Chris said: ‘I was terrified and thought this family might die waiting.

“Seeing Anastasia on a video conference, sitting on a bed in tears, completely desperate and seeing her daughter Mira so ill, is something you never want to see.

“I know people have died in these camps, this delay is costing lives.”






Miraslava on the train to Poland





Danil likes to play before the war

Anastasia added: “I went to the hospital with Mira on Saturday because I was so worried but I think my kids will recover when we leave this place.”

Jonny Hoare and his wife, who live in the stately home of Rauceby Hall in Lincolnshire, have previously hosted a family at their stately home in Lincolnshire, but are now trying to help Alena, mum-of-four.

She said: ‘We managed to escape on March 7 and then had an exhausting journey through Poland to the Netherlands which took over a week.

“But now it’s already the sixth week since I applied (in the UK). We’ve got them all except mine.






Danil before the war broke out





A much happier Danil at Christmas

“This delay definitely makes everything more difficult. Children have to adapt and adapt again.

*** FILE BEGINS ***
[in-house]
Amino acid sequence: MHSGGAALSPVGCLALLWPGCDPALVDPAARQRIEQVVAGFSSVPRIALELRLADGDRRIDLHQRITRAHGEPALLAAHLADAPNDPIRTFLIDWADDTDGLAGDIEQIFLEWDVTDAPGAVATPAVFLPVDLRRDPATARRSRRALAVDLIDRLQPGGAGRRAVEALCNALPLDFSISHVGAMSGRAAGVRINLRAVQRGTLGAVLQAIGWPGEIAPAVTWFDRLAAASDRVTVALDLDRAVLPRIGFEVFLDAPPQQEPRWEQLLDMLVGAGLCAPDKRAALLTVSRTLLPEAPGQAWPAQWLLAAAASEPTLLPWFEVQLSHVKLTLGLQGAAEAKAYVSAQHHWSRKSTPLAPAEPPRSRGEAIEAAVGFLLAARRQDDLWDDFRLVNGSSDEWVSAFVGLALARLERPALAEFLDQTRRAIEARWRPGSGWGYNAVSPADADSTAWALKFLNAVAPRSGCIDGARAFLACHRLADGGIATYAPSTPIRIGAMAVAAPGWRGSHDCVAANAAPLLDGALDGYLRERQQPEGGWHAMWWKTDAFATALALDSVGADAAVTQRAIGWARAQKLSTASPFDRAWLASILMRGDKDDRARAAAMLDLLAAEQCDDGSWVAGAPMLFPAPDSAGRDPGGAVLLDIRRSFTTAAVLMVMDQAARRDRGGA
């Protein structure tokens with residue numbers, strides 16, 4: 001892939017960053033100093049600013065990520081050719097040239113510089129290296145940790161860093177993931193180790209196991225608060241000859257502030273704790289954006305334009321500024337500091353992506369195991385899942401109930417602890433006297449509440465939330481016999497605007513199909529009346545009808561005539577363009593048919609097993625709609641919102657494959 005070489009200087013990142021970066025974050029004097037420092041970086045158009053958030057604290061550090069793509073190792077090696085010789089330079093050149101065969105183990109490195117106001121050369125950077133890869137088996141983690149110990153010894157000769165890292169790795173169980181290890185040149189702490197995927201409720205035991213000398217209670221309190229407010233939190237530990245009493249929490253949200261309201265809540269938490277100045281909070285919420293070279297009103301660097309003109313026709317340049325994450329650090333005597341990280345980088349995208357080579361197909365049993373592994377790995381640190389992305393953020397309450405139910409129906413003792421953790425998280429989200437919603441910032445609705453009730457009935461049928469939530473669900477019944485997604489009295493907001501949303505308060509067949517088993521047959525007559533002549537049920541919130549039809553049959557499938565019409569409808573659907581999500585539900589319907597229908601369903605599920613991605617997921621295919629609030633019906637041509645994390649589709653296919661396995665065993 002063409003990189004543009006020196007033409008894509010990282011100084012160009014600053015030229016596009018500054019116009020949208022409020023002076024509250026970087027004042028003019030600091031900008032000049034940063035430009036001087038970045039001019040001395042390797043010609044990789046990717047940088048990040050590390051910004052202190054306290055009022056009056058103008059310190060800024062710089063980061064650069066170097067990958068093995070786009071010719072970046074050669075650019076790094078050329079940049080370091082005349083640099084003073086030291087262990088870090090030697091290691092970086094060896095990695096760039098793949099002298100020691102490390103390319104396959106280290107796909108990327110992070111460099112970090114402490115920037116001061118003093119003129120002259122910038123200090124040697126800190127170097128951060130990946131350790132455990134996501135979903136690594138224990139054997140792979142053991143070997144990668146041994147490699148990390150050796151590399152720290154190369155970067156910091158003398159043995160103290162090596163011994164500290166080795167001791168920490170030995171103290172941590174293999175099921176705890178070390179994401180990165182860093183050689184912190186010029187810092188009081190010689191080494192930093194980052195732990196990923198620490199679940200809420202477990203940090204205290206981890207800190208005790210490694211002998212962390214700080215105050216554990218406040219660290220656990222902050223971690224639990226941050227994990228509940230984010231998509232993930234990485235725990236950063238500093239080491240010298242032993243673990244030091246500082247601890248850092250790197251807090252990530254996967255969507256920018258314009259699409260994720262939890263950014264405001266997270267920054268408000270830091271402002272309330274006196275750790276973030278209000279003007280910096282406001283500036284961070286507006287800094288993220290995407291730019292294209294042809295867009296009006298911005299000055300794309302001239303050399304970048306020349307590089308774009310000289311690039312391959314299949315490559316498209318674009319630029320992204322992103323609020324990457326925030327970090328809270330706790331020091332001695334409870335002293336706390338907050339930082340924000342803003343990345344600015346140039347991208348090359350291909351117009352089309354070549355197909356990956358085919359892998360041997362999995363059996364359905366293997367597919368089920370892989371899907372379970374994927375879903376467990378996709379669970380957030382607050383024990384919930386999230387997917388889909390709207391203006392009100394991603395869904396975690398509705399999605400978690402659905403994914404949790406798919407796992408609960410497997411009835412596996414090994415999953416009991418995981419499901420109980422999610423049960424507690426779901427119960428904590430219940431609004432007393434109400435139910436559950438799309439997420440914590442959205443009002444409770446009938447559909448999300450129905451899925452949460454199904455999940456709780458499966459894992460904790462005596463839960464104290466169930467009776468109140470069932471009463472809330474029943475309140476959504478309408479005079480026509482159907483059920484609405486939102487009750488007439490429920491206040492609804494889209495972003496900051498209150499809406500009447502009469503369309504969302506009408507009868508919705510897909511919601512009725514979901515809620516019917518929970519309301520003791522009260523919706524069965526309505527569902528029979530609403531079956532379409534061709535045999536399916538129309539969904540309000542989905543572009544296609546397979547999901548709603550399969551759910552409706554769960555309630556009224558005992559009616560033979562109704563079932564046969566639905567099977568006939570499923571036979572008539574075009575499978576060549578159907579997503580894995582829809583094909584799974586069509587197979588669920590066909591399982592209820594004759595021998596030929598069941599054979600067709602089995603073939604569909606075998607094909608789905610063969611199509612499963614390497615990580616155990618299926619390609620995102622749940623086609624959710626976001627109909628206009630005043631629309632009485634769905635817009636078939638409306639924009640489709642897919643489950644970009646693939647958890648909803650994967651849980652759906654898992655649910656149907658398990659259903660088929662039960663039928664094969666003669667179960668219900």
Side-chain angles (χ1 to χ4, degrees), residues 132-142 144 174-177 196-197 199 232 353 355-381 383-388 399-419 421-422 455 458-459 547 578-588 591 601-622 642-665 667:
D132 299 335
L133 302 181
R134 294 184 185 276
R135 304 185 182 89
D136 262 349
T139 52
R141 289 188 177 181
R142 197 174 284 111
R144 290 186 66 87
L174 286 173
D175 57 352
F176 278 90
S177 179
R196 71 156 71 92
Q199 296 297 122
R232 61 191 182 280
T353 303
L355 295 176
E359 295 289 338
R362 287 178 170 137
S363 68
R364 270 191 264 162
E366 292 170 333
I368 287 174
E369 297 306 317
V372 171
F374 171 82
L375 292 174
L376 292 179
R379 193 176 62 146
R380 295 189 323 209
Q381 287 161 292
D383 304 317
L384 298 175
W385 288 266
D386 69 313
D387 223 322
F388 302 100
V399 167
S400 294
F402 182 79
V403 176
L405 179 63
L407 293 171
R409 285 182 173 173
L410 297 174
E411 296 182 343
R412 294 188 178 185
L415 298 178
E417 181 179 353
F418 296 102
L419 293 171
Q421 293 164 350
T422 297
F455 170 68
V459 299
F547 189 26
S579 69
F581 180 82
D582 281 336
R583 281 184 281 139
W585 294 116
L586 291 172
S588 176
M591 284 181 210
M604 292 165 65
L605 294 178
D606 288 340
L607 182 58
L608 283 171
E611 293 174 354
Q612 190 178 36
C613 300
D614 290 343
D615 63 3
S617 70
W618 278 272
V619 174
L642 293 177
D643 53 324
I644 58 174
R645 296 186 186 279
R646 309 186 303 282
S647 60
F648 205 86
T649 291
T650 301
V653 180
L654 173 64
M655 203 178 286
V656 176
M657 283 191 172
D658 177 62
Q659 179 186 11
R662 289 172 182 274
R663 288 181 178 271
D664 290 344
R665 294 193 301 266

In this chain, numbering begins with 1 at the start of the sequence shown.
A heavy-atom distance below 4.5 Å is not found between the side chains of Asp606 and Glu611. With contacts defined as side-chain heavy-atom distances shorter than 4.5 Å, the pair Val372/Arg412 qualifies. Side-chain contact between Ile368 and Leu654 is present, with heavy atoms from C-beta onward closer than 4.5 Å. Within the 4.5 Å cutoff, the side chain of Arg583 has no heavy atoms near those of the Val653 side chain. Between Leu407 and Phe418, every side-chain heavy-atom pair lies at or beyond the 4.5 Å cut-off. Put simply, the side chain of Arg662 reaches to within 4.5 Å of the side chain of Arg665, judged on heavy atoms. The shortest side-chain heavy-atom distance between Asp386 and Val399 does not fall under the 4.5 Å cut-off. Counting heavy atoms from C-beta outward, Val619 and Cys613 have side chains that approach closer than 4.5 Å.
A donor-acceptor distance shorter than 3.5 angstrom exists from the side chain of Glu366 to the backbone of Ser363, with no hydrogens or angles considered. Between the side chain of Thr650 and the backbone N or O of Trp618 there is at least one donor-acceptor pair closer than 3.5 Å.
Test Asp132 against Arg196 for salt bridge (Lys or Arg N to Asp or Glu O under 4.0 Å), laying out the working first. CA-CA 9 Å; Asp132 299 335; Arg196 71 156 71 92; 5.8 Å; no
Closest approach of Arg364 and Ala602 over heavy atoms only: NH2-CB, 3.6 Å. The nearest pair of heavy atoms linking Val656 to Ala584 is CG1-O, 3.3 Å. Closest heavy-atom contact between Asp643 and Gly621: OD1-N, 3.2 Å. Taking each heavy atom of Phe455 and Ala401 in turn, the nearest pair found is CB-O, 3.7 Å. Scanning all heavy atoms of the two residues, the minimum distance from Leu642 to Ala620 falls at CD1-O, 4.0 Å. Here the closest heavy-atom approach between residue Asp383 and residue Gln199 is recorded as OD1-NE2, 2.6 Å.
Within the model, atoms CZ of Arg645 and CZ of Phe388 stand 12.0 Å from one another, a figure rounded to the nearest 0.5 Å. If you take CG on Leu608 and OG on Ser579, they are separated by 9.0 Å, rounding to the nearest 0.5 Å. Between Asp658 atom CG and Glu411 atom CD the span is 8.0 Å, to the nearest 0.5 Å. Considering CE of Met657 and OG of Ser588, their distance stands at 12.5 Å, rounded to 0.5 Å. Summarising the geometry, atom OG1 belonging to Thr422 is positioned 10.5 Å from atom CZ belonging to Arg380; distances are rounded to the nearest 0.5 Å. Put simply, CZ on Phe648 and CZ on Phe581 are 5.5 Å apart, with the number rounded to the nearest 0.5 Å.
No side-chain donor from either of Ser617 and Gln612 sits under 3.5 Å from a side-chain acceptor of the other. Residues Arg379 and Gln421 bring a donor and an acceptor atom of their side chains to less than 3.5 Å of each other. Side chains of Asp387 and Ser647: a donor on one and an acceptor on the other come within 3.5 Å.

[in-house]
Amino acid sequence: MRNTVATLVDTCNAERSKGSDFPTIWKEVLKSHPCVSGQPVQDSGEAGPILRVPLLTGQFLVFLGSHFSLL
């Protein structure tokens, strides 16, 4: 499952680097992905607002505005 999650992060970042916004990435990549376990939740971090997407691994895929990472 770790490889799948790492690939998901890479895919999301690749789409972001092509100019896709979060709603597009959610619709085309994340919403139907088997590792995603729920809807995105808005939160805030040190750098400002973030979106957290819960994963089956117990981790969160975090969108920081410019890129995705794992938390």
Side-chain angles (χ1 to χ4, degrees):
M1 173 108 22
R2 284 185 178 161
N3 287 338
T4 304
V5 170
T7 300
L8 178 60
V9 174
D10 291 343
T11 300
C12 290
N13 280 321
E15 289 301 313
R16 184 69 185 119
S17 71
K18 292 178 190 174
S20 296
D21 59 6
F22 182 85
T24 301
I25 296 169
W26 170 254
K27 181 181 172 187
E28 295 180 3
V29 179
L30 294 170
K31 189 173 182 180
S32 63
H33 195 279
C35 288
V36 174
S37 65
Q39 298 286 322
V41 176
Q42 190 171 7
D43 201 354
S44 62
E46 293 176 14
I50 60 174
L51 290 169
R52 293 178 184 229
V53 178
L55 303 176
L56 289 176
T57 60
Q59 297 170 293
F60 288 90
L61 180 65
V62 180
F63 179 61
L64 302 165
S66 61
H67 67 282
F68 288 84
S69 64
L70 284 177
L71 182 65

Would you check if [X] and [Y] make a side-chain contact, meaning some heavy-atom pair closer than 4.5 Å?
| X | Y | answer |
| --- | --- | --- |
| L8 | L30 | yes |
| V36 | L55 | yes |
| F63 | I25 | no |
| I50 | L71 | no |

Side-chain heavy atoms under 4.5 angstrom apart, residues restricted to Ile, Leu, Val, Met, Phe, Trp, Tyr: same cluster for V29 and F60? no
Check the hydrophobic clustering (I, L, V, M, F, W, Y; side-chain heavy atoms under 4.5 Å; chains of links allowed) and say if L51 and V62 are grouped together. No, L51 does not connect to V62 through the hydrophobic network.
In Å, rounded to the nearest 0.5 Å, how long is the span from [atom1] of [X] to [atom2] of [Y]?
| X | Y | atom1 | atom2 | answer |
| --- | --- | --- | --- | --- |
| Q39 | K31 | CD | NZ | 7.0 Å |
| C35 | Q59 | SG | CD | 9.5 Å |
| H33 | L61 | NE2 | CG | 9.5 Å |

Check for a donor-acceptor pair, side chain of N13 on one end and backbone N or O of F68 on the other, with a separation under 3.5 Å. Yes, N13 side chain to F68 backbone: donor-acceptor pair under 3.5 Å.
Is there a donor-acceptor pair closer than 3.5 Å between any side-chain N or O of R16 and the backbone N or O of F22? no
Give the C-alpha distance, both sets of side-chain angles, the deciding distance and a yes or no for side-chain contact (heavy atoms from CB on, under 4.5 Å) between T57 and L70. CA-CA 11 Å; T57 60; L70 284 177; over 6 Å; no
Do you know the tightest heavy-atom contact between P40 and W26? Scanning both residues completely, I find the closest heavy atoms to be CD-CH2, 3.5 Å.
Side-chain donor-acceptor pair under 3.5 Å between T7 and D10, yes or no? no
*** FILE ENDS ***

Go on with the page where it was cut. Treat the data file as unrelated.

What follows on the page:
“My eldest daughter is like, ‘Mom, I want to go to school, I want to make friends, but I don’t want to bond here because I know we’re going to leave.

“It’s torturous and so painful to hear that from a teenager.”

Mum Gina Booth, 46, from Huddersfield, West Yorkshire, said it had been a “nightmare” trying to bring her foster family to the UK.

Eight-year-old Yehor’s travel permit arrived three weeks ago, but mum Evgeniia and her 18-year-old sister Mariia are still waiting as they live together in a one-bedroom hostel.






Miraslava and Dani asleep on the train platform upon their arrival in Poland

Gina said: “They are going through traumatic stress right now.

“The son was very upset and they need to calm down. They text me constantly all day every day. They put my life in my hands.

Levgeniia told the Mirror: “We have been waiting for a visa for almost 50 days since March 18.